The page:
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Diversity, More Of It!

July 11, 2012

Diversity. You would think, writing in the genre I do, that there would be quite a bit of it. Problem is, there just isn’t. In fact, when you step out of the expected mold, you tend to get thwacked in the head for changing it up. The books I see are a parade of white men, no religious affiliation, with decent jobs, good apartments/homes, and great one-dimensional friends who don’t do anything of interest. It’s really quite depressing. Sometimes, I see something that might pique my interest, but just reading the blurbs or glancing at the reviews puts me off.

It’s saved me a ton of money, but at the same time, it depresses me. We see a lot of readers calling for diversity, but I wonder if the sales hold true that it’s diversity that’s really wanted. I don’t know. So far, all my published works have been with white main characters. Some are Christian or they don’t declare their religion in the course of the book. I admit, I haven’t done much myself to further the cause of diversity. >.> I’ve promised myself to change that as soon as possible. I do have one interracial story brewing in my head, the full story of Malachi and Phinn from Breaking Point, but other than that…

We need more diversity. More people of color. More people of various religious backgrounds. More characters with disabilities–both physical and mental. More women. More trans* characters. More scope of employment. More financial backgrounds. More characters over the age of 25. More character who aren’t 6′ and 200 pounds ripped. We simply need more diversity in the fiction presented.

I love that Kasper was almost 40 in Catalyst. I love that Zach is on welfare and scraping by in Mae. I love that Hadi and Judas in The Keeper aren’t white. However, I know I need to up my game, bring more to the table than the occasional older man or impoverished main character. πŸ™‚ Hopefully, while I’m dragging my ass to get my current WIPs done, other authors will provide me with awesome reading material offering the diversity of color, class, religion, physicality, and gender I’m seeking!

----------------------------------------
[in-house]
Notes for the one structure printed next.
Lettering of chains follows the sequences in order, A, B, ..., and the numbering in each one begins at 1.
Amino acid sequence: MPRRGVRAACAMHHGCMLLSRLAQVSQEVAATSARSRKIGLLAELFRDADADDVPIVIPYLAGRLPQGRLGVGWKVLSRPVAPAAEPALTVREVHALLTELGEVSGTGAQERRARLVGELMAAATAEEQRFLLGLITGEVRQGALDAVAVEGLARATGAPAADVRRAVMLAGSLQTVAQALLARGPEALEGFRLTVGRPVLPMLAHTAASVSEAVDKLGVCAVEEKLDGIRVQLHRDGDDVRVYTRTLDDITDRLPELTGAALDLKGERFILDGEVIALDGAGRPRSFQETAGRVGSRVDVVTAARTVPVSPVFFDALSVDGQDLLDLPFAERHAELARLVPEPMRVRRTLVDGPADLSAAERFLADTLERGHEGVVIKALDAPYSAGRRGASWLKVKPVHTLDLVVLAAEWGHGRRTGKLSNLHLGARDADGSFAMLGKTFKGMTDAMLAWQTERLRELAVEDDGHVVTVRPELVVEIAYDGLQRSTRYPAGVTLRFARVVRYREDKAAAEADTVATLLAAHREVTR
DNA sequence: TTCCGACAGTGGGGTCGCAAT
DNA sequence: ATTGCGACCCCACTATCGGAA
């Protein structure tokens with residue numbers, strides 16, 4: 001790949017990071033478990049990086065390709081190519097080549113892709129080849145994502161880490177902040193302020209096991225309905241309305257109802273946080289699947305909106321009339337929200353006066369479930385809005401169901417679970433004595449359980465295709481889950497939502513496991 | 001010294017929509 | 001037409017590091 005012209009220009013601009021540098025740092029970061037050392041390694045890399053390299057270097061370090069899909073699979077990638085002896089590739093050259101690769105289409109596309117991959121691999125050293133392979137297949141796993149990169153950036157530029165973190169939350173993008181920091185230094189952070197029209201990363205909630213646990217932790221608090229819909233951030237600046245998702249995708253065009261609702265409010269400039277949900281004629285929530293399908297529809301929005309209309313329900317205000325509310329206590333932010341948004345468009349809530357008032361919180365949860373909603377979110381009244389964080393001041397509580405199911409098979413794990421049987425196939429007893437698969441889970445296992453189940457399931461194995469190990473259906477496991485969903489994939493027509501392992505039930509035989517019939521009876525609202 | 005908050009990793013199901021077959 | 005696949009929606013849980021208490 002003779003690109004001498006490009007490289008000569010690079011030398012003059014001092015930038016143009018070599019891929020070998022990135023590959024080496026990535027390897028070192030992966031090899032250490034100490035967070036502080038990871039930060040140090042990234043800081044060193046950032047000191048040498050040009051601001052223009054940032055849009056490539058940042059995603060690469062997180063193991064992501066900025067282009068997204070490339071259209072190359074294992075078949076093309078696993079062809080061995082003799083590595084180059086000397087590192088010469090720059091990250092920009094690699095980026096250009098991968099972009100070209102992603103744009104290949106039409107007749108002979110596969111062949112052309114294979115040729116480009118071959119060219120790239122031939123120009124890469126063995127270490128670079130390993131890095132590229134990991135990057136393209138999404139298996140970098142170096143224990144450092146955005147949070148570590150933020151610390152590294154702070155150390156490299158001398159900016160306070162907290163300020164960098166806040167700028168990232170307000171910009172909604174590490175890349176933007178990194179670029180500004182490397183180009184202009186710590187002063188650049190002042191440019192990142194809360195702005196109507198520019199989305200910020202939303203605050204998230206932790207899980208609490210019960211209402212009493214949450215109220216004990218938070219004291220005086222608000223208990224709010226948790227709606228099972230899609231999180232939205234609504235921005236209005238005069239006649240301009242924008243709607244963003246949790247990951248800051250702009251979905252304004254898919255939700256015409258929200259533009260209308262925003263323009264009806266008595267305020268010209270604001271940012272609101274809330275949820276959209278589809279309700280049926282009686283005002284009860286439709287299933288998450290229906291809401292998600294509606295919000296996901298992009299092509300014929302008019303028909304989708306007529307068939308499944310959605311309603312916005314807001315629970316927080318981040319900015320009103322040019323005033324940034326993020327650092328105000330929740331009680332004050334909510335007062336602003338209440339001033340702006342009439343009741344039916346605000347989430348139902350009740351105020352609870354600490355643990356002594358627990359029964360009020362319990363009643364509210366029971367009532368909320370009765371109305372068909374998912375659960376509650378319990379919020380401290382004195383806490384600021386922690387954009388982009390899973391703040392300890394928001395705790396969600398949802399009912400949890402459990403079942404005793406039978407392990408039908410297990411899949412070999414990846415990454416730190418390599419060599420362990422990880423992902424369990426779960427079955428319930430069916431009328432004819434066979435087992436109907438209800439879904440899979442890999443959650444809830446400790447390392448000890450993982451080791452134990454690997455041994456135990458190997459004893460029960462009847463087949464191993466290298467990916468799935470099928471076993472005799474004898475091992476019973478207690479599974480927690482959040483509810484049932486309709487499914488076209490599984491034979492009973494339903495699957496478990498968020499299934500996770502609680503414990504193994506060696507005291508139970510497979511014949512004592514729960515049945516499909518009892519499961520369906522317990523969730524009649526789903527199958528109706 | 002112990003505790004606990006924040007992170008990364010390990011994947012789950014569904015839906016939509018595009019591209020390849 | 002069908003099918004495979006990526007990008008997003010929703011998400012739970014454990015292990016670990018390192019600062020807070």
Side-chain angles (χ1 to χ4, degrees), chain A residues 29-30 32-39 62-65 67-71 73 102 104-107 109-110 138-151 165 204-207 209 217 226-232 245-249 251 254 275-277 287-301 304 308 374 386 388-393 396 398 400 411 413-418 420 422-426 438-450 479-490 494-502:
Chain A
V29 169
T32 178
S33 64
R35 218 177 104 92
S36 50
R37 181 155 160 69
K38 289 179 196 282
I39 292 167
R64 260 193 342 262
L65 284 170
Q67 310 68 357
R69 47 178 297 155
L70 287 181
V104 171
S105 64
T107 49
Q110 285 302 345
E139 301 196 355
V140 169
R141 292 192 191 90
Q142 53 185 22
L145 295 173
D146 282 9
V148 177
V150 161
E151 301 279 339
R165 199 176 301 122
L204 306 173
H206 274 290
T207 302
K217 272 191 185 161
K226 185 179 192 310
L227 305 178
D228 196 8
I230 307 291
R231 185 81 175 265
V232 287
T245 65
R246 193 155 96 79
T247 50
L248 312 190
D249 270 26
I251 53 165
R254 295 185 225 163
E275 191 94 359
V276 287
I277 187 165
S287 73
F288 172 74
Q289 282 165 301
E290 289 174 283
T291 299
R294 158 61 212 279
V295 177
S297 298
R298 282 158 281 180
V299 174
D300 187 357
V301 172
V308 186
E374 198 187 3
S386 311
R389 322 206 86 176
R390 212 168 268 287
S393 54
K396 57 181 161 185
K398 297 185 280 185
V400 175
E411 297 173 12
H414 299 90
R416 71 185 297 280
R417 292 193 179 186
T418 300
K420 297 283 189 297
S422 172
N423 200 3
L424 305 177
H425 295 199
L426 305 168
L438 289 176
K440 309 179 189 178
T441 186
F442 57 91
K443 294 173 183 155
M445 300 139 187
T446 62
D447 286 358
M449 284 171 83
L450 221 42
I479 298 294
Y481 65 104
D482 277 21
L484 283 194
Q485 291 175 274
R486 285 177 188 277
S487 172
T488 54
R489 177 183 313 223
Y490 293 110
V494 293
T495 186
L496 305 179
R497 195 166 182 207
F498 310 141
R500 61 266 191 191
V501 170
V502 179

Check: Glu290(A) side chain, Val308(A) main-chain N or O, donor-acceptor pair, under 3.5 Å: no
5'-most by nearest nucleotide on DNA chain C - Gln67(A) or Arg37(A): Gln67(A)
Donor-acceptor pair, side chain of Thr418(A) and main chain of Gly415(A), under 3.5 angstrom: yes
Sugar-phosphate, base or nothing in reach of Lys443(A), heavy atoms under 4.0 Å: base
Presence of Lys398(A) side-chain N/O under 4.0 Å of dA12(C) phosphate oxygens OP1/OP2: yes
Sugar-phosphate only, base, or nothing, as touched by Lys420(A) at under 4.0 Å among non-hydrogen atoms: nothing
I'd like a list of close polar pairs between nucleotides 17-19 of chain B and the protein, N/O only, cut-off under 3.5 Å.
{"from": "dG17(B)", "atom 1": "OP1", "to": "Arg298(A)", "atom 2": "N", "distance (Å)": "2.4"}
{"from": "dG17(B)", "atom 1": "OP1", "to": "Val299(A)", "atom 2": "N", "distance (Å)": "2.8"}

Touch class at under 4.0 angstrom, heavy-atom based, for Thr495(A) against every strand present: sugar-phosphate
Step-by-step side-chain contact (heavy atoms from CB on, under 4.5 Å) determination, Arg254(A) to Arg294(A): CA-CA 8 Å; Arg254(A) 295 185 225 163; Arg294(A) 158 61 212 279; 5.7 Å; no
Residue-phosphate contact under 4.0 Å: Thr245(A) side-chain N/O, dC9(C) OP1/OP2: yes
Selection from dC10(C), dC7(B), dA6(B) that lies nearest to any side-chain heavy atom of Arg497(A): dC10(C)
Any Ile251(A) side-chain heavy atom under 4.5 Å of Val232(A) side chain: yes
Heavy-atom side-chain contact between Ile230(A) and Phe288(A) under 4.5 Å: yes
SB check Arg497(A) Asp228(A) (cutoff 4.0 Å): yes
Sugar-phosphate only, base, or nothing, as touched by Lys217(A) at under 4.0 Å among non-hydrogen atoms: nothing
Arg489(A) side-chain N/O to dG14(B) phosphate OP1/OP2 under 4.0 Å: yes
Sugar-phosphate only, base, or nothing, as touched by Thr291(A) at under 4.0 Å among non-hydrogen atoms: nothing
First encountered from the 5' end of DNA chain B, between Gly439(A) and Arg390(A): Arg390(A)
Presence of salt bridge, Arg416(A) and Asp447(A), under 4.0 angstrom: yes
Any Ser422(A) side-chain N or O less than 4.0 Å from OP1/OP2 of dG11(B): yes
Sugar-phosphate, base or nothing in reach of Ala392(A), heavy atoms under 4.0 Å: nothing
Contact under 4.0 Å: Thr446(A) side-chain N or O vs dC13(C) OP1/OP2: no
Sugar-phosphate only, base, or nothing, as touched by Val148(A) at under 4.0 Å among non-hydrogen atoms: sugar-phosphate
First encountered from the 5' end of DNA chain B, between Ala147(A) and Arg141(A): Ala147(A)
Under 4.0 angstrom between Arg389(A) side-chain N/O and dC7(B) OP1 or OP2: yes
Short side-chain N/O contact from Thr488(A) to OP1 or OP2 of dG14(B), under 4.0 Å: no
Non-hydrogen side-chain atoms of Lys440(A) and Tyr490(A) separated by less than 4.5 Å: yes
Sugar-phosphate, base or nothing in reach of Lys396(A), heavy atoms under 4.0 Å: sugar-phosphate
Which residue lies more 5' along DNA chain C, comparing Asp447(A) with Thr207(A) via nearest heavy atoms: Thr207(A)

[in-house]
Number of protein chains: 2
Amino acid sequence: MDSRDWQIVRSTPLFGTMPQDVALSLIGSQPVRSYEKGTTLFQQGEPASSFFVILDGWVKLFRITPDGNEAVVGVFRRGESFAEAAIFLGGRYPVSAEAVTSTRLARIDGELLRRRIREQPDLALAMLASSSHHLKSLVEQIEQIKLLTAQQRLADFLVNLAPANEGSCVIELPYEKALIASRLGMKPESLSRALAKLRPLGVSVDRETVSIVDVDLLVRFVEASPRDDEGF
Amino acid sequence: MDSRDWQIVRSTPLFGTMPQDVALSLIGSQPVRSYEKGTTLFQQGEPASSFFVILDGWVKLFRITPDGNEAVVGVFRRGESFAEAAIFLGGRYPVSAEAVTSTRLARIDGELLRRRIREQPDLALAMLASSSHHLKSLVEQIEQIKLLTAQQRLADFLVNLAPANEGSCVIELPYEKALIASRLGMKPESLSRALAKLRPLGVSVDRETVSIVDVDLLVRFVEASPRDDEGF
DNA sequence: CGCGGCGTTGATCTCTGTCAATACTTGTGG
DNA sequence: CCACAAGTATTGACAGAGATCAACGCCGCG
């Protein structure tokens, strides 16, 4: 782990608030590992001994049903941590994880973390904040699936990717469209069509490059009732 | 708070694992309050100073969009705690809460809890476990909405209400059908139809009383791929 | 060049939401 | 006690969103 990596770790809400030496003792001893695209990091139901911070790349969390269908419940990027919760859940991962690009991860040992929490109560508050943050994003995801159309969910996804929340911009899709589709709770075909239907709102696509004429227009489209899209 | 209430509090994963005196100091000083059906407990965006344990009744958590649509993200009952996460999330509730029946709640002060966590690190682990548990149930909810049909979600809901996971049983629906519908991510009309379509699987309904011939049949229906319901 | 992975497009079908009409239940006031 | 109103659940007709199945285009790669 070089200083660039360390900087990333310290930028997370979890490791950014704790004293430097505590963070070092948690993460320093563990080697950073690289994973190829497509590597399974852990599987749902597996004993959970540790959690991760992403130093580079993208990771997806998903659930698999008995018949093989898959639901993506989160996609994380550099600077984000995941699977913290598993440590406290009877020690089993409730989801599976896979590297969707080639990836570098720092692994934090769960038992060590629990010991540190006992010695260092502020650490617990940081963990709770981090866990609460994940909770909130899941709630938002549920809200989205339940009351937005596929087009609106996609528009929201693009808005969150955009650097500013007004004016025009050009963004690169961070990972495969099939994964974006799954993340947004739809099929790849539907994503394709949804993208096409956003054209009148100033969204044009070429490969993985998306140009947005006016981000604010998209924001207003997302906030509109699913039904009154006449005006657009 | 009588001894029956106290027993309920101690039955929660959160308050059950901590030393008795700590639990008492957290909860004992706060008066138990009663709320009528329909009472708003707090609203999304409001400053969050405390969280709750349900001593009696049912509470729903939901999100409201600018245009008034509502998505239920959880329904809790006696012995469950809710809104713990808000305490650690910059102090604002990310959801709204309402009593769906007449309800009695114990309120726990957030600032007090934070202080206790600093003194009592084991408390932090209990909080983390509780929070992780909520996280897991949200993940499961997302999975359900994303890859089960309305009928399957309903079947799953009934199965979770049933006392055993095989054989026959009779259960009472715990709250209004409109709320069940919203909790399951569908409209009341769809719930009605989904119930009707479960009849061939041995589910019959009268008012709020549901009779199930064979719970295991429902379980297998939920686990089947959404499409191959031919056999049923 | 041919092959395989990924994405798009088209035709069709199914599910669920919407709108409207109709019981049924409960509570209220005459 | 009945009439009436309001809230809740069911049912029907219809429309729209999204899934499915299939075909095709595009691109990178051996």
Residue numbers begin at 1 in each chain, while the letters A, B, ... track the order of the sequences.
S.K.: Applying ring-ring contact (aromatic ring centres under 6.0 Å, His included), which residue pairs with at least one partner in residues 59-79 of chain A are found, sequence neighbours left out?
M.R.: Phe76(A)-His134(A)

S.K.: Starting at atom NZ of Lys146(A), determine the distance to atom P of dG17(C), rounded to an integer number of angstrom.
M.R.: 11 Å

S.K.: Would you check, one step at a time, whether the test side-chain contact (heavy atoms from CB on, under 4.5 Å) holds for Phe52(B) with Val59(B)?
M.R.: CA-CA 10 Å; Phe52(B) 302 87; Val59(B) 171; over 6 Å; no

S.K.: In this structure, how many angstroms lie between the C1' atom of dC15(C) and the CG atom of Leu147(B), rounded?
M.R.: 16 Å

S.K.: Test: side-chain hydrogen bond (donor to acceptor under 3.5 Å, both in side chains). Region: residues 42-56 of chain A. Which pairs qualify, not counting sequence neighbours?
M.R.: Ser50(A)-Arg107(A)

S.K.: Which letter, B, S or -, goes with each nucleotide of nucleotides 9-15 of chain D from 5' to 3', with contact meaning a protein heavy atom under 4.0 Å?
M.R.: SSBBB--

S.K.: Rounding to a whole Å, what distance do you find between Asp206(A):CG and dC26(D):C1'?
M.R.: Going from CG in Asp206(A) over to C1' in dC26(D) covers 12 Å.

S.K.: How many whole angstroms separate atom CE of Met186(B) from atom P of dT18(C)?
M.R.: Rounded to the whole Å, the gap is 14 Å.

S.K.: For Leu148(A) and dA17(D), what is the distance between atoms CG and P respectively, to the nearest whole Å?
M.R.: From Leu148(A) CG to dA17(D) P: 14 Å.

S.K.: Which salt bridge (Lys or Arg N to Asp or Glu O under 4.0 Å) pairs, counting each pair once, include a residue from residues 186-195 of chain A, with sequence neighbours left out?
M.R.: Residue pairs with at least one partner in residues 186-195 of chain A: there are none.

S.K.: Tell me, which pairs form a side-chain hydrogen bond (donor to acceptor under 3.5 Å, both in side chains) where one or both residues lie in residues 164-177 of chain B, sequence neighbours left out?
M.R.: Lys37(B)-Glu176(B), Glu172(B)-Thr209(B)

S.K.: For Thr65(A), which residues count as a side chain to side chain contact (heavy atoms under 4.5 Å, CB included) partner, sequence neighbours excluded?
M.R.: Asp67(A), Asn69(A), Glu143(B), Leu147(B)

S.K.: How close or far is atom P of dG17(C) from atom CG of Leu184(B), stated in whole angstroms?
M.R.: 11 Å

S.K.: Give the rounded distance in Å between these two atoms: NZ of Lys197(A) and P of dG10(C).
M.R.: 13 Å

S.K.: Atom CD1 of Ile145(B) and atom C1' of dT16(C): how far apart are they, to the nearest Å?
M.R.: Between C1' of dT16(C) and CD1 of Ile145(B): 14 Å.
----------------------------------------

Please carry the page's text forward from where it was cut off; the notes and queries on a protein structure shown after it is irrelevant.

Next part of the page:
4 Comments leave one →
  1. July 11, 2012 11:46 am

    And when someone does write a good, diverse novel, we need people to pick it up and review it. We need readers to look at those reviews and step up and take a chance that they might like–or love–something they thought was a little out of their comfort zone. Because if those of us writing diversity don’t find readership in romance, we’ll end up migrating to other genres, leaving a bland and bigoted-looking landscape behind us. 😦

  2. July 11, 2012 11:57 am

    Ruth — Exactly. I find it telling that I’m reaching for my own genre less and less. 😦 I don’t want to stop writing it it, so I recognize the need to start writing what it is I’d like to be seeing. Readers, authors, and reviewers all need to work together to create the diverse, welcoming atmosphere with a lot less negativity. πŸ˜€ Less of the ‘I hate X’ and more of the ‘Everyone deserves a voice’. We can write and read outside our usual comfort zones respectfully if we try.

  3. July 11, 2012 2:33 pm GWM, straight-acting atheist, seeks same for romance genre.

    We write non-religious white men, because we are, for the most part, nonreligious white people. (and some of us consider Middle-Eastern/Mediterranean to be white, as it isn’t black, or Asian) Even those of us who are religious people tend to write characters whose religion is not a big part of their lives. Let’s be blunt, for most people, they go to church because it shows they are a good person and never give God a second thought. (or they’re obnoxious Jesus shouters, but even those really don’t believe and are using the volume to cover their unbelief)

    I like writing diversity. I’m hesitant to cross color lines again, after Race!Wank 2009. I’m hesitating to cross trans lines again after TransFail2010, which I fear I sparked. A Latina transwoman complained that I, a white cis bitch, was making money on her life experience and I snarked about “I’m sorry, I had no idea you were a 13th century Norman prince raised as a princess to save your life from your wicked uncle.” It was on.

    I get burned often enough and I learn not touch the fire.

    The rest i like and will and do write. (You’re gonna love the diversity in Barbarossa: christopagans, Catholic priests, a rainbow of amazons, a variety even in the pack. But my heroes are still white.)

  4. July 11, 2012 2:54 pm

    Angelia — And I think you hit the nail on the head. Those of us who choose to write diversity are often smacked for not writing it right by those marginalized peoples we’re writing about. πŸ™‚ I mean, this genre is a case in point: gay men don’t want women of ANY orientation or identity to write about their lives. We start off behind the eight ball, and then we just compound interest. There’s a difference between ‘I think you missed the ball on this aspect of a black man’s life’ and ‘Cis white bitch stole my life!’. >.>

    The former I’d welcome as a chance to learn so the next book is better. The latter is not helpful and makes me just not want to attempt again. Or, attempt it out of spite and write from a place of anger, which is never a good road to walk.

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